Del Osei-Owusu interviews Caitlyn Scarlett…
Hello Caitlyn how are you?
Hello, I’m alive and well thanks!
Congratulations on the release of Forgive Yourself, how does it feel?
Thank you, it feels great to have it out in the world.
It’s a gorgeous song with a great melody, what’s the story behind it?
It’s a song about letting go and growing up. I wanted to celebrate the gaining of wisdom that comes after loss of innocence.
You collaborated with Her Ensemble. How did that come about?
I’ve known Ellie, the creator of Her Ensemble for years. She was moved by the song after I asked her to add some violin to it and suggested we play it live as part of the orchestra’s first showcase. After that I couldn’t imagine the song without them and we recorded it properly.
What was your favourite moment of working with them?
The thrill of hearing it in person, the honour of watching a group of skilled musicians channelling my art.
You are a singer songwriter from London, how did it all begin for you?
I’ve always loved singing since I was a baby and during school I thought I might grow up to be an author or performing in The West End. Eventually during my teens I realised I could write and sing as one career and starting picking up instruments and gigging. I moved out of my childhood home and into London with friends from college when I was seventeen and I’m still here.
What did you listen to growing up?
I had a great musical education, my grandad loved nothing more than sitting someone down and forcing them to listen to his favourite vinyl. I fell for blues and country first, immediately relating to the depth in the lyrics. Johnny Cash, Dolly Parton, Muddy Waters, Ray Charles etc. My mother’s taste is very eclectic but I have her to thank mainly for songstresses like Kate Bush, Joni Mitchell, Stevie Nicks, Suzanne Vega, Erykah Badu, Tori Amos… the list goes on. My dad is responsible for my obsession with 80s synths and New Romantics. Every year we go and see an 80s act live, we’ve seen Depeche Mode, Marc Almond, Duran Duran, Spandau Ballet, you name it. We have tickets for Adam Ant this summer!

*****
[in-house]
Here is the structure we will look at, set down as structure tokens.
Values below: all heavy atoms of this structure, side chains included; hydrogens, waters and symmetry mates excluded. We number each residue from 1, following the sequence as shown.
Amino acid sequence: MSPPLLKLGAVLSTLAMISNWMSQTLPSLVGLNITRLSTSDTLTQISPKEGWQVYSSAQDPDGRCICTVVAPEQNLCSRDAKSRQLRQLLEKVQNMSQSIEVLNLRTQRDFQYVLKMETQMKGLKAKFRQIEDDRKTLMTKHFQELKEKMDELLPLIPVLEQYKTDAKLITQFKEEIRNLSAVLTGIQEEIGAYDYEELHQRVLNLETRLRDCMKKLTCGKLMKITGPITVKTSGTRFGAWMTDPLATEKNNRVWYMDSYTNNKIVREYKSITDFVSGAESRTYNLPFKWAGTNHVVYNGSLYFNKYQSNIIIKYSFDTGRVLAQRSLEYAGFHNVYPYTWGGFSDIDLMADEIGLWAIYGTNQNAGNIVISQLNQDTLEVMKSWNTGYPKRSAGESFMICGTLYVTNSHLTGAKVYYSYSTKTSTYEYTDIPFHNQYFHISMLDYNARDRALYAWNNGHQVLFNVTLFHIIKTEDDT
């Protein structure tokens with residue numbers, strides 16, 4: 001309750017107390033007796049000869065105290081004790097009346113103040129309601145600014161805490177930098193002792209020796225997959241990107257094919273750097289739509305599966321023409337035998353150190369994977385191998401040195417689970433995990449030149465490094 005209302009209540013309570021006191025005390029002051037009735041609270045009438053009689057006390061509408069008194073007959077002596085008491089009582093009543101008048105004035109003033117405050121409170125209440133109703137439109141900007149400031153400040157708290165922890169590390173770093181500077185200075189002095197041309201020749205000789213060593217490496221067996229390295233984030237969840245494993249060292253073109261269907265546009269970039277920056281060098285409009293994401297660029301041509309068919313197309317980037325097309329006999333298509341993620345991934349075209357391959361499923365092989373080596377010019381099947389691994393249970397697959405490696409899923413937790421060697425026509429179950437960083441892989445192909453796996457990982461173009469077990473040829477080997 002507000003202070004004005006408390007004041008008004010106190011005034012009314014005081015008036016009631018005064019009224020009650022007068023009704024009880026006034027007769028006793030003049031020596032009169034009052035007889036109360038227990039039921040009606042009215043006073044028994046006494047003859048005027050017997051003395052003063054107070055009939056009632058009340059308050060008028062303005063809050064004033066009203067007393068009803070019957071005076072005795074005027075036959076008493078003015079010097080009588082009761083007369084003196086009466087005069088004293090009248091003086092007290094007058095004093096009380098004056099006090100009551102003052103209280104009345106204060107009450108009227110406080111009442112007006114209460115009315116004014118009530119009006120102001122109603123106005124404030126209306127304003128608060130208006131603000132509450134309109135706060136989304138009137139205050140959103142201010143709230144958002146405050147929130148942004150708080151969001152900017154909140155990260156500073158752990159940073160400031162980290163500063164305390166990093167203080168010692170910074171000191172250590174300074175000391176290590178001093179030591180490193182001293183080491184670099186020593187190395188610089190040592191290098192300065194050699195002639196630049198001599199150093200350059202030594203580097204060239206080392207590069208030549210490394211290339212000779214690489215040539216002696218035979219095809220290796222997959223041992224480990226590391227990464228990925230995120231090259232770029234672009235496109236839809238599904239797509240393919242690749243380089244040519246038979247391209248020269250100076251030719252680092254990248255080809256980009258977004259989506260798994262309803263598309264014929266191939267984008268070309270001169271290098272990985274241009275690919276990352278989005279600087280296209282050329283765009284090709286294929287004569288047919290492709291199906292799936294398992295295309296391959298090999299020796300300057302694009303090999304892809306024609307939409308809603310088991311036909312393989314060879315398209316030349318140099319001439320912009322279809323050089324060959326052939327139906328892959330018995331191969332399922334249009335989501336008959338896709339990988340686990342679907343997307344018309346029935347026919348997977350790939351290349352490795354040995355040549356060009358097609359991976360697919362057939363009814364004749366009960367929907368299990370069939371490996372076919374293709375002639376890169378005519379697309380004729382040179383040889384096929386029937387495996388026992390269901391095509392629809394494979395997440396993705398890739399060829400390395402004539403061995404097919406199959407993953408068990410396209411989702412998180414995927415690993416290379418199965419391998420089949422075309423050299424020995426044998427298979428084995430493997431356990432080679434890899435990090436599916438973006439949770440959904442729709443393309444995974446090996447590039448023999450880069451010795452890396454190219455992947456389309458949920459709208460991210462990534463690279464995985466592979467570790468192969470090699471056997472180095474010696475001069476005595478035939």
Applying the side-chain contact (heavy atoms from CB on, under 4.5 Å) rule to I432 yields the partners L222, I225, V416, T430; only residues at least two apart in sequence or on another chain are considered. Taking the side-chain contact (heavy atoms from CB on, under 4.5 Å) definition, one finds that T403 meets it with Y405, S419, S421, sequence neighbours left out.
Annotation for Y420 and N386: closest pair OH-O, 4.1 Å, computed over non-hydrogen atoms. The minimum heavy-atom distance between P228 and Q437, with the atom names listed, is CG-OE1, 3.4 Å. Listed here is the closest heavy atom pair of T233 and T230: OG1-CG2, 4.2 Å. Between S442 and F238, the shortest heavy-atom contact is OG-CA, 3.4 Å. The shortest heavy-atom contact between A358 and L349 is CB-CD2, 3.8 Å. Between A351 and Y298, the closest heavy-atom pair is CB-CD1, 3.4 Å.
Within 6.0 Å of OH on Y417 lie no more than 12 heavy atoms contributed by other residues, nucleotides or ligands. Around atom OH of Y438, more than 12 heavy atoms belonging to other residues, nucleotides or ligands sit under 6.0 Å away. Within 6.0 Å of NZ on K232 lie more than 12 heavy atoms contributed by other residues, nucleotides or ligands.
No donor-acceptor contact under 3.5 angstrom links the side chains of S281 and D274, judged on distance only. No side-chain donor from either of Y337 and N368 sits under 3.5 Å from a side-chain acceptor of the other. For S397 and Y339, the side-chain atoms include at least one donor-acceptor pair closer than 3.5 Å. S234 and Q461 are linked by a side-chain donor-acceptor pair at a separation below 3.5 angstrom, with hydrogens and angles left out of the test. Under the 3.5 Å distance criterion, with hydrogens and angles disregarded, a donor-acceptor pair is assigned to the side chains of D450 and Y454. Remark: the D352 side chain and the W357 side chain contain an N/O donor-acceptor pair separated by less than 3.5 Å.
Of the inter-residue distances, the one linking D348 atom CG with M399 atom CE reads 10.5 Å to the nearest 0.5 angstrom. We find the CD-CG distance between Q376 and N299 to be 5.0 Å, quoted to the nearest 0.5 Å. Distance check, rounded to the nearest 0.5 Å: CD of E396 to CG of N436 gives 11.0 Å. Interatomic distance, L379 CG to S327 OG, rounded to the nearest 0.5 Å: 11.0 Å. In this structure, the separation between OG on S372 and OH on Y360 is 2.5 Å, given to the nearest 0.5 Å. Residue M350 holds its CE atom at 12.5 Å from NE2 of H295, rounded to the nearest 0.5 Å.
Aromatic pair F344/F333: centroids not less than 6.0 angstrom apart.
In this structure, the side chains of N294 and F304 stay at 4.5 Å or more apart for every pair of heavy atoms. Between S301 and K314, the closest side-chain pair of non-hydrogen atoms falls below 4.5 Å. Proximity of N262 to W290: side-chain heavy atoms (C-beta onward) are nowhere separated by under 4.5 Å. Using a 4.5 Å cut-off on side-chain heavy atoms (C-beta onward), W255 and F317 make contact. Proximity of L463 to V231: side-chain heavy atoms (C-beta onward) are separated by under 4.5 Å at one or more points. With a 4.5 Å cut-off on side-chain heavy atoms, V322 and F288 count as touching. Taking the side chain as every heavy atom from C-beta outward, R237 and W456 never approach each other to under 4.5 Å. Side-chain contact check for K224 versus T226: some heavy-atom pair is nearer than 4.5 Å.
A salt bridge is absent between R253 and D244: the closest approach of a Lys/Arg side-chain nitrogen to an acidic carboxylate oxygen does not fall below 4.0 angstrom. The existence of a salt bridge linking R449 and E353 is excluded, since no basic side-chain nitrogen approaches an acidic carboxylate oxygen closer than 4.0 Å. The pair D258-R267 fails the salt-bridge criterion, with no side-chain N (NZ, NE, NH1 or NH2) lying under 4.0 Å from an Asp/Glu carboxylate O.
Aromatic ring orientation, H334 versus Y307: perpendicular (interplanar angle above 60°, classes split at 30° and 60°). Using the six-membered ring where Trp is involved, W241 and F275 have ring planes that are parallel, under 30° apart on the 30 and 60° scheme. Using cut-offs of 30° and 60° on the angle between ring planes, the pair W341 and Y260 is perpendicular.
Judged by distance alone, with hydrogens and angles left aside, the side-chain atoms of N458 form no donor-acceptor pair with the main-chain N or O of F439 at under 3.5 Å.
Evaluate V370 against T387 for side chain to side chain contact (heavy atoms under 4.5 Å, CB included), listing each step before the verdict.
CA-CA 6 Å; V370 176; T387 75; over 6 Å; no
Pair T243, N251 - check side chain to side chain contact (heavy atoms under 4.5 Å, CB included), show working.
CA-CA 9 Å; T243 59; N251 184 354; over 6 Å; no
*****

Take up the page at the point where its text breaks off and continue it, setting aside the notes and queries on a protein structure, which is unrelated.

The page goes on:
You attended the Rihanna songwriting camp, what did you learn from that experience?
I learnt how to be nocturnal, mostly I was just honoured to be there.
You’re with Ferocious Talent with music manager and legend Kwame Kwaten, what are the best lessons he’s taught you?
He’s taught me patience and self-belief, and he reminds me that there are still people in this industry driven by passion and the preservation of culture.
COVID impacted the creative industry, what kept you motivated?
The fact that the whole world was in it together, and sometimes we just have to surrender to life’s ups and downs. I did my best to find the good in the time off and work on myself.
The last two years have been a time to reflect, what did you learn about yourself?
That I’m not driven by the same things I used to be, and there’s a lot more to me than productivity or appearances. I feel like I’ve grown up in a sense, I’m very excited to get back out into the world and kick some butt.
Did you pick up any new skills?
I took a music production course with Point Blank Music School, I’ve been meaning to learn to produce for years and lockdown gave me the opportune moment to slow down and focus on it for a while. I’ve now set up a home studio and am having writers come to my place for sessions which is so great because I’ve been the one commuting for like eight years. I’ve also started making vlogs.
What are you listening to at the moment?
A lot of Elvis Presley, I’m really looking forward to the Baz Lurhman film about him that’s coming out soon! I’m also super into Mitski, The Marías, Allie X, Strawberry Man and Caroline Polachek right now.
What are you looking forward to doing next?
At the moment I’m obsessed with working on my debut album, it’s being written and recorded at Rak Studios with Jonathon Quarmby, who also did Forgive Yourself. I’m really excited about the sounds we’re creating.
Photo by Shane Benson